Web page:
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Shumway v. Farley

Supreme Court of Arizona

February 28, 1949

SHUMWAY
v.
FARLEY

Original proceeding by Deryl D. Shumway against Gordon Farley, as Judge of the Superior Court of the state of Arizona, in and for the County of Maricopa, to prohibit respondent from exercising jurisdiction in adoption of a minor.

Alternative writ of prohibition quashed.

Leslie Parry, of Phoenix, for petitioner.

Francis J. Donofrio, County Atty., and James J. Caretto, Deputy County Atty., both of Phoenix, for respondent.

Aaron Kinney and Nicholas Udall, of Phoenix, for adoptive petitioners.

Charles A. Stanecker and Harold R. Scoville, both of Phoenix, amici curiae.

Udall, Justice. LaPrade, C. J., and Stanford, Phelps, and Deconcini, JJ., concurring.

OPINION

Udall, Justice.

Page 508

[68 Ariz. 160] This is an original proceeding for a writ of prohibition requested by petitioner Deryl D. Shumway seeking to prevent the Honorable Gordon Farley, one of the judges of the Superior Court of the State of Arizona, then presiding in Maricopa County, from continuing to exercise jurisdiction in the matter of the adoption of Carol Shumway, a minor, in cause No. 1738 now pending in said court. The respondent judge, represented by the county attorney of Maricopa County, and the attorneys for the adoptive petitioners have filed a return to the alternative writ of prohibition and a motion to quash. Counsel for the respective parties, as well as attorneys appearing amici curiae, have fully briefed the case which was submitted without oral argument.

[68 Ariz. 161] The facts will be briefly summarized: Deryl D. Shumway and Faye Owens Shumway were married in the year 1938. The sole issue of their marriage was a daughter named Carol Shumway, who was born October 3, 1942. The wife obtained a divorce from her husband by a decree of the superior court of Maricopa County dated February 24, 1945. By its express terms the decree awarded to the mother "the care, custody and control" of their child, with "reasonable visitorial rights" to the father. The latter was ordered to pay $ 30 per month for the support of the child. The natural mother thereafter remarried and on October 1, 1948, she joined with her husband, George G. Doyle III, in filing in the superior court of Maricopa County a petition to adopt the said Carol Shumway who was then six years of age. The petition alleged that the said Deryl D. Shumway "* * * for more than one year next preceding the filing of this petition, has wilfully deserted and neglected and failed to provide proper care and maintenance for the said minor child," which is one of the statutory grounds rendering the written consent of a parent unnecessary. Section 27-204, A.C.A.1939. The father, who was then living in Huntington Park, California, by way of answer to the petition to adopt his daughter, denied that he had deserted and failed to provide for her. He vigorously protested the adoption and refused his consent thereto. When the matter was called for trial on the merits he presented to the court the original divorce decree and moved to dismiss the petition for adoption upon the ground of lack of jurisdiction. This motion was denied following which both adoptive petitioners testified and the motion to dismiss was then renewed and again denied; whereupon the hearing was continued until January 21, 1949, to enable the father to test the jurisdiction of the trial court by applying for a writ of prohibition to this court. The matter is now before us on this record.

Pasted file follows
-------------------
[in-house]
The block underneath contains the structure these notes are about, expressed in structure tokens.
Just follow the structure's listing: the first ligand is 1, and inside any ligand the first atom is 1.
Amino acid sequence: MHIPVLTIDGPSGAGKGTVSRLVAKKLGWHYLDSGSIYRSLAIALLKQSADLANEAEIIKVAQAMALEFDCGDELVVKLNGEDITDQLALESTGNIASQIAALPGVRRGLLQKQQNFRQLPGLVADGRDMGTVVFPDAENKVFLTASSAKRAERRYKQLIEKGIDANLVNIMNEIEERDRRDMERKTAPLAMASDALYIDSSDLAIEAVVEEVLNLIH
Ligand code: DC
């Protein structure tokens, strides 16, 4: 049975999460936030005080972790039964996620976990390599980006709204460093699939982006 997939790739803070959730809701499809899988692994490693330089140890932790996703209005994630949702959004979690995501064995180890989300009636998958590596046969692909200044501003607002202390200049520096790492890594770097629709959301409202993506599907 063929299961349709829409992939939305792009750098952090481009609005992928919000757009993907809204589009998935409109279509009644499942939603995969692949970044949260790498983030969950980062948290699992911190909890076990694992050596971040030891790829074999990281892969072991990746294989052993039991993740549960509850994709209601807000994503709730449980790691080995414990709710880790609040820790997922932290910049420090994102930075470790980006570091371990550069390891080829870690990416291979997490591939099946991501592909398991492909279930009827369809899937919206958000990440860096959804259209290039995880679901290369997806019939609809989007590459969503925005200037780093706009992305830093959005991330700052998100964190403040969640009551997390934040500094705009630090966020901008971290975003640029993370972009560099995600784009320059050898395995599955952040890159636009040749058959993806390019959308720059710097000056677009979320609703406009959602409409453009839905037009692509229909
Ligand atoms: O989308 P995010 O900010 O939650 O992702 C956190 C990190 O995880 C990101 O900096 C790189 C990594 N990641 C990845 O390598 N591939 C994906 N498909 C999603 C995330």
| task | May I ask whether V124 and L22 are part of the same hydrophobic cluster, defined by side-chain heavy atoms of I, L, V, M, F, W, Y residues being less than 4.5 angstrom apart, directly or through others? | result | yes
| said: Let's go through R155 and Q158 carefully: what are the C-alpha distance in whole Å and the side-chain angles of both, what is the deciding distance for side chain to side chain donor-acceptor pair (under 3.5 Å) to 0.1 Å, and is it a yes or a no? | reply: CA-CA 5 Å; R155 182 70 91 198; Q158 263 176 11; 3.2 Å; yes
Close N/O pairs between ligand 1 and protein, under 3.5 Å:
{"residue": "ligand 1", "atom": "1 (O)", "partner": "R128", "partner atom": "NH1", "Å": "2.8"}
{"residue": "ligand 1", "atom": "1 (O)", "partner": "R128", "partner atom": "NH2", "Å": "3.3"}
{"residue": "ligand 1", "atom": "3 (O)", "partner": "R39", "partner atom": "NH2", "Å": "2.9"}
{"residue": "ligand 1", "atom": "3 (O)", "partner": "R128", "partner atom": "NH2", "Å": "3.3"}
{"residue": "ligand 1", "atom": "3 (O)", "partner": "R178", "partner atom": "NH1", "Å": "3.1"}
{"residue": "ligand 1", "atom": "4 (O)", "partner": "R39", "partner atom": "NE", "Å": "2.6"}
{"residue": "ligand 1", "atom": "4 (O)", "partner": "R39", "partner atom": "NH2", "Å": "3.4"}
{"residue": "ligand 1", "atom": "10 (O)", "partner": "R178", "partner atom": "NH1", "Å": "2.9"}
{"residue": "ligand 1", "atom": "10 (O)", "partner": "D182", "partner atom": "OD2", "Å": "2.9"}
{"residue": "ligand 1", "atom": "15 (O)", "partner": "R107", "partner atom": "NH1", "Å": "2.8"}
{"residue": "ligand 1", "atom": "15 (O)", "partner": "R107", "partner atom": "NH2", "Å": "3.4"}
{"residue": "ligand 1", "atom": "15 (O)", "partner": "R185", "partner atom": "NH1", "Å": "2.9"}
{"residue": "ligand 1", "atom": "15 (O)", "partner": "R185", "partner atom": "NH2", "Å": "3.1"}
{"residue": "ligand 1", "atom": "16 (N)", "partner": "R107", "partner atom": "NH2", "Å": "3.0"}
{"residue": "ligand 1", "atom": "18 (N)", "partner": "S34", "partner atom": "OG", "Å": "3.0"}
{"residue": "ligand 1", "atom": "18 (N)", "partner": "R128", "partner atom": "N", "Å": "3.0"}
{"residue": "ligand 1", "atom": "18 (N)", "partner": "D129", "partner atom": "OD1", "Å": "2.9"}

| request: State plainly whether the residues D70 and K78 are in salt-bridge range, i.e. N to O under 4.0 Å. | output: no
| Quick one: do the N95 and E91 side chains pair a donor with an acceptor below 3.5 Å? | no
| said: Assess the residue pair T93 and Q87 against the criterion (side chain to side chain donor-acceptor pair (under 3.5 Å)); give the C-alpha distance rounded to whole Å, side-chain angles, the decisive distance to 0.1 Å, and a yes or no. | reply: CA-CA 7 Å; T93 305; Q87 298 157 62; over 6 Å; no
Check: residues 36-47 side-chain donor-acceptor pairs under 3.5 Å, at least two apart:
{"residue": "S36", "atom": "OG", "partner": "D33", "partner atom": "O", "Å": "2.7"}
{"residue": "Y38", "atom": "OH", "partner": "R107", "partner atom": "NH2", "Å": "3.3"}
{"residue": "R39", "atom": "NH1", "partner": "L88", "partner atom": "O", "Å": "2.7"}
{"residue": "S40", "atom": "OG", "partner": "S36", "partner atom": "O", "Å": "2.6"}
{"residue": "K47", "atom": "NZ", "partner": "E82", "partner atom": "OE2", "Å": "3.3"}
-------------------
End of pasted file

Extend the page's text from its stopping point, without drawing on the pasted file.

The extraordinary writ of prohibition will lie only where an inferior tribunal is acting without or in excess of its jurisdiction. It would be an idle thing for a court to further proceed with a trial after it has lost jurisdiction. Renck v. Superior Court of Maricopa County, 66 Ariz. 320, 187 P.2d 656; Westerlund v. Croaff, 68 Ariz. 36, 198 P.2d 842, and cases cited therein.

In the instant case no question was raised as to the sufficiency of the petition to state the necessary legal grounds for adoption, for as amended the petition practically followed the wording of the statute. While prior to our issuance of the alternative writ the trial court had heard part of the ...


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